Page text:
U.S. Transportation Command has begun what may well be the most aggressive cloud computing migration the Defense Department has ever attempted, both in terms of its scale and of its pace.
By next July, TRANSCOM plans to have migrated all of the logistics systems it uses to interface with the private-sector transportation companies who move DoD goods and personnel by air, land and sea. Those systems — there are 72 in all — make up a significant chunk of the command’s overall IT spend, and five have already successfully transitioned. Twenty-two more are planned by the end of December.
The first wave of migrations came mere months after the command stood up an internal “cloud center of excellence,” a cross-functional team of IT and subject matter experts tasked with figuring out how to move TRANSCOM’s systems to the cloud quickly without compromising security.
To speed up the contracting process, the command decided to ask for help from the Defense Innovation Unit-Experimental (DIUx), which helped broker discussions with roughly 20 vendors. It wound up settling on a $2.4 million other transaction agreement (OTA) with REAN Cloud, a Herndon, Virginia-based company to assist with the first wave of migrations on a pilot basis.
Lt. Col. John Riester, the deputy chief of TRANSCOM’s enterprise infrastructure portfolio and support division, said the agreement was not for cloud services per se, but for engineering and integration help, so that the command’s applications could be quickly moved to service offerings from any of a number of cloud providers who’ve already earned security certifications under the federal government’s FedRAMP process and met the additional requirements DoD requires for sensitive data.
The key, Riester said, is that the contract gives TRANSCOM a “repeatable process” to prepare its systems to shift from the government-operated data centers that he said represented a single point of failure for its missions.
“But as we move to a cloud-based solution and we start to build in some redundancy and some resiliency to those applications, we can guarantee they have 99.99 percent availability to the warfighter, and we’re also building in a lot of automation,” he said. “Presently, we have a lot of manually-intensive work tasks that we need to do that take a lot of time from our workforce. As we move to the cloud, a lot of our processes become automated and we can focus more on the data and the application, instead of the tasks that we have to take care of now in the manual process.”
TRANSCOM’s cloud center decided its logistics systems were the most natural candidates for migration to a commercial environment, since they need to be accessed by commercial transportation companies 24/7 and there’s very little reason to house them inside military networks. But it has not ruled out using a similar process to begin moving its internal business systems to the cloud.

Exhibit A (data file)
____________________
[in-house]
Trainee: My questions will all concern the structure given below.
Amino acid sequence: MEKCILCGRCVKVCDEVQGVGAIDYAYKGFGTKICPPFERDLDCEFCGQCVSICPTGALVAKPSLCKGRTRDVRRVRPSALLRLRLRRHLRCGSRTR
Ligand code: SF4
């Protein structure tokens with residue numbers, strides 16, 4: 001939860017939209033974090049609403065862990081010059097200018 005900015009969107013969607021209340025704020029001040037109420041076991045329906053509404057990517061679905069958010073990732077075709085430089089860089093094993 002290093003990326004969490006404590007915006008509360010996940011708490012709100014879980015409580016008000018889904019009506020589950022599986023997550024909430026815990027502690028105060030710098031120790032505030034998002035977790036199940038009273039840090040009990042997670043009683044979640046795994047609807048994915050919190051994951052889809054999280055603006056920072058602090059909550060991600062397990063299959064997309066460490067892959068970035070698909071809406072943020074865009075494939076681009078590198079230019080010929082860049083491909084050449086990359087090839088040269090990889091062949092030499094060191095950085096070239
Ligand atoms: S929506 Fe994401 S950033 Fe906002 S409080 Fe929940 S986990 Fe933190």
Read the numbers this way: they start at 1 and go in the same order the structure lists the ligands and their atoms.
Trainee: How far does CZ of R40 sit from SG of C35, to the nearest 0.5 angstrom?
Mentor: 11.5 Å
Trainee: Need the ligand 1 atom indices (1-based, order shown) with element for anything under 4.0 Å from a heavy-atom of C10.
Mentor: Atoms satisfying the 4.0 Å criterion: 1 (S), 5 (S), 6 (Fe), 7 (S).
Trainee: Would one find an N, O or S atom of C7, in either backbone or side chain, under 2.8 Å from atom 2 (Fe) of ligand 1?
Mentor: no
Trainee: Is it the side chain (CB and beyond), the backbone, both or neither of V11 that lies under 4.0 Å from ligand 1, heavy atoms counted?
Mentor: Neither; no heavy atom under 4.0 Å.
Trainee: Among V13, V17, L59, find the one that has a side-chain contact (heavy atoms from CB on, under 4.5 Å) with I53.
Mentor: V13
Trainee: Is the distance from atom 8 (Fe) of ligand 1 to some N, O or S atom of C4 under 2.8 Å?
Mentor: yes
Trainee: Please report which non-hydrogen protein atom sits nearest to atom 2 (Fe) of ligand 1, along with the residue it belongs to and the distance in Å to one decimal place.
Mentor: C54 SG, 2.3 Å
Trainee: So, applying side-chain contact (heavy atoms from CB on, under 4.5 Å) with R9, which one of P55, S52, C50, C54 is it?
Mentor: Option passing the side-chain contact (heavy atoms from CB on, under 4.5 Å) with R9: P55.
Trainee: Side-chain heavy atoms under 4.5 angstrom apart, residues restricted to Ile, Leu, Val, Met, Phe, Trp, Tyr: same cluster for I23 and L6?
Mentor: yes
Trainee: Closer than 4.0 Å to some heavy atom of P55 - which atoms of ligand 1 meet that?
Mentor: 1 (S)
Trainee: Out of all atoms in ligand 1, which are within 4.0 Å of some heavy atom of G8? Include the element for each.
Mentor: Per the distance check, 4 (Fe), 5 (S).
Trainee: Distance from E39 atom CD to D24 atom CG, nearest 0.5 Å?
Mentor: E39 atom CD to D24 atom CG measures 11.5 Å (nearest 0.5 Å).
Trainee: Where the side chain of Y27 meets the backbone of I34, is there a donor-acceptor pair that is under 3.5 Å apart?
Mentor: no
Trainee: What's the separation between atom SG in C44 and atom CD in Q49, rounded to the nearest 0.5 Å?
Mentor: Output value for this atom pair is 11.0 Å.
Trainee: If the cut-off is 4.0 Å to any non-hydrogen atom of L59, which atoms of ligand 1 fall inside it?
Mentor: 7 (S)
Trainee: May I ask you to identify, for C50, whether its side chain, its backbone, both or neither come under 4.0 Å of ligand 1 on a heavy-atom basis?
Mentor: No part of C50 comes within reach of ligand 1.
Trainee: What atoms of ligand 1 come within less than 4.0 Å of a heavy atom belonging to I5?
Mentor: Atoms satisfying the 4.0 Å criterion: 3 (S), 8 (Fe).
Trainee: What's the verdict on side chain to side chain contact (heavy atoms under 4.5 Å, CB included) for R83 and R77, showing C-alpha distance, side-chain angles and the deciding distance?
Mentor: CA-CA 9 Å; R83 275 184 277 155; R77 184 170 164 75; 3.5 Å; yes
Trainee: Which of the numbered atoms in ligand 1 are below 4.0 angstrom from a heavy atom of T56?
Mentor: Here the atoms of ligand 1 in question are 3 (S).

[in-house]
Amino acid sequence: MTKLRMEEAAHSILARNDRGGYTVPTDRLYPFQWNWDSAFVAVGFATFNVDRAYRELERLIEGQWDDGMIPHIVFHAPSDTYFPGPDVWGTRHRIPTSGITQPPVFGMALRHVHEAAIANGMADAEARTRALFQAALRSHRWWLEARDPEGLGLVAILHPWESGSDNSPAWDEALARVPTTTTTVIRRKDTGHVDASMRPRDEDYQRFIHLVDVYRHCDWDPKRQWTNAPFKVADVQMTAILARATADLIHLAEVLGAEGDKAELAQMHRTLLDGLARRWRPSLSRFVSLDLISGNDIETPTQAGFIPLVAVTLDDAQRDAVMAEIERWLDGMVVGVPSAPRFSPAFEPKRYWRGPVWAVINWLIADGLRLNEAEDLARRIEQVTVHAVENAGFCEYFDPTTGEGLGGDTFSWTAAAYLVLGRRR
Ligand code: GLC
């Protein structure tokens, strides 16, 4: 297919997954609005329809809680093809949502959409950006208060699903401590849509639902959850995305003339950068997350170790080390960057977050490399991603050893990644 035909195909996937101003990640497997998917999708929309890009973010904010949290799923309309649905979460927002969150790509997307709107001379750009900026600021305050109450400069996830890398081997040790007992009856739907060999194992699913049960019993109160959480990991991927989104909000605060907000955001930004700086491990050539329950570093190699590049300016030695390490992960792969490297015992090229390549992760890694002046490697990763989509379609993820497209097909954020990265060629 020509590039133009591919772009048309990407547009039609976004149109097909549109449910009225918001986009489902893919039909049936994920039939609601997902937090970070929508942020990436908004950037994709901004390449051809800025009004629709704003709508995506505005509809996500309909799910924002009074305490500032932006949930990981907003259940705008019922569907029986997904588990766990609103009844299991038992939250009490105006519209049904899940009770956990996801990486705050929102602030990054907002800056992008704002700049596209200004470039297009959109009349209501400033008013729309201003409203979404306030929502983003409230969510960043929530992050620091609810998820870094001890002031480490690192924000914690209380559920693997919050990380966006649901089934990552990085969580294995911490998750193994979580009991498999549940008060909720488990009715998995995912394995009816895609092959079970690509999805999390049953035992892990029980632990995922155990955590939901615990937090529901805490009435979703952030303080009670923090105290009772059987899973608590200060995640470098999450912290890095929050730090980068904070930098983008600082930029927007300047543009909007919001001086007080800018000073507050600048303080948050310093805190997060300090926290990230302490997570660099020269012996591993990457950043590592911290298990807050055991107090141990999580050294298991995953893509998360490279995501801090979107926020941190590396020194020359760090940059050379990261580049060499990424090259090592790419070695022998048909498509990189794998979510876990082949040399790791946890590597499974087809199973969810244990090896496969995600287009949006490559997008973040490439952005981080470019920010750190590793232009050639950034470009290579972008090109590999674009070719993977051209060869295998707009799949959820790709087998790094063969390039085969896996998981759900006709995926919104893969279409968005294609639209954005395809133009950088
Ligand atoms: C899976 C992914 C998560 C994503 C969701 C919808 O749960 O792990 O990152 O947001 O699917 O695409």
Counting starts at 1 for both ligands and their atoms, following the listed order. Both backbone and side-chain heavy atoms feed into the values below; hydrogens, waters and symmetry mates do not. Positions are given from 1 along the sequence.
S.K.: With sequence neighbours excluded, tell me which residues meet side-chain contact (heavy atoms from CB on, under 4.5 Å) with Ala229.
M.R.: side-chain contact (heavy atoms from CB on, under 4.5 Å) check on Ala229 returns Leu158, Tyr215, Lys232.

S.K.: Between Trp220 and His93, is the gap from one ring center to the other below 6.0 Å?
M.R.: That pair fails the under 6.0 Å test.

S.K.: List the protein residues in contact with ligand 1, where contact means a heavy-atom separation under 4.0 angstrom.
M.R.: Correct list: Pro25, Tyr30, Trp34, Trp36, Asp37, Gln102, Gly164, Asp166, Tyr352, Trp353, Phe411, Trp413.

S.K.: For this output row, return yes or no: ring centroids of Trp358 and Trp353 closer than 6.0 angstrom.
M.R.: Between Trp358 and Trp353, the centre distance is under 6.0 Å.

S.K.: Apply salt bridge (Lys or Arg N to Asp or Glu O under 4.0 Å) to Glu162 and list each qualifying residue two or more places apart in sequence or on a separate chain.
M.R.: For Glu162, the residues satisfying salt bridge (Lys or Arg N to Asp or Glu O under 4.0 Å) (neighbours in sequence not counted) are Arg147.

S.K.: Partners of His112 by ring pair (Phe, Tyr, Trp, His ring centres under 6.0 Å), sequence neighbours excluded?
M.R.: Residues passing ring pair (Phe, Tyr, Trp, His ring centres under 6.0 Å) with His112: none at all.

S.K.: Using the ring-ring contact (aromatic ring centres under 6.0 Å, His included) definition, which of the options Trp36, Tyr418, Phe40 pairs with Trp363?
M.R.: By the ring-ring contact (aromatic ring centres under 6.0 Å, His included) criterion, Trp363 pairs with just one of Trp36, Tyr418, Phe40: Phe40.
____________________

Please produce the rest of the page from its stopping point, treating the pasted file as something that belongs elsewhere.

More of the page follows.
“Things like file exchange, email, so on and so forth, is going to stay on-premises, at least for the time being. But we’re looking at it in the near future,” Riester said.
Transportation Command’s cloud project may be a pathfinder at a time that the Pentagon is making broader moves that suggest its top leadership is extremely serious about getting Defense IT executives to stop admiring the potential benefits of cloud computing and get on with large-scale migrations.
In a September memo, Deputy Defense Secretary Patrick Shanahan deemed cloud adoption “critical to maintaining our military’s technological advantage” and appointed a cloud executive steering group (CESG) to prod the department toward speedier cloud migrations. The CESG is supposed to lead the way by acquiring a new cloud “solution” and then pushing DoD components to adopt it.
In late October, the steering group issued a request for information, saying it wanted to develop an indefinite delivery/indefinite quantity contract for infrastructure-as-a-service and platform-as-a-service cloud models that can serve troops both in and out of the continental U.S.
The RFI is made up of roughly two dozen high-level questions that ask cloud firms for input on everything from lessons learned from their customers’ previous migrations of legacy systems to recommended pricing models to how they could deliver data to bandwidth-disadvantaged troops at the “tactical edge.”
Although the questions are broad and basic, the authors make clear that DoD plans to use the answers to help award a very large cloud contract sometime in 2018, and that the CESG is willing to pursue changes any to current DoD and federal policies that are standing in the way of cloud adoption.
If the group concludes that there are policies that need to be revised or abolished, they stand a good chance of success, since Shanahan has ordered the CESG to brief him personally every two weeks on what it’s up to and how he can assist.
Seven years after the federal government first articulated a “cloud first” policy, it may be the case that the cultural barriers that have kept DoD from moving to the cloud in a meaningful way can only be broken when a boss who sits a layer above an organization’s traditional IT policymaking apparatus orders that it be done.
That was the case, at least, at TRANSCOM, where its top officer, Gen. Darren McDew, made cloud migration a priority.
“This has been championed by Gen. McDew, and also across the staff,” Riester said. “It’s let us look at the art of the possible when we’re moving to the cloud. And as we started to educate and bring more of our workforce along, it’s helped them realize the benefits and some of the things that can help and improve their jobs, from a security standpoint, building in assurance to their applications, guaranteeing their customer and the warfighter that they’re going to be able to carry out the mission.”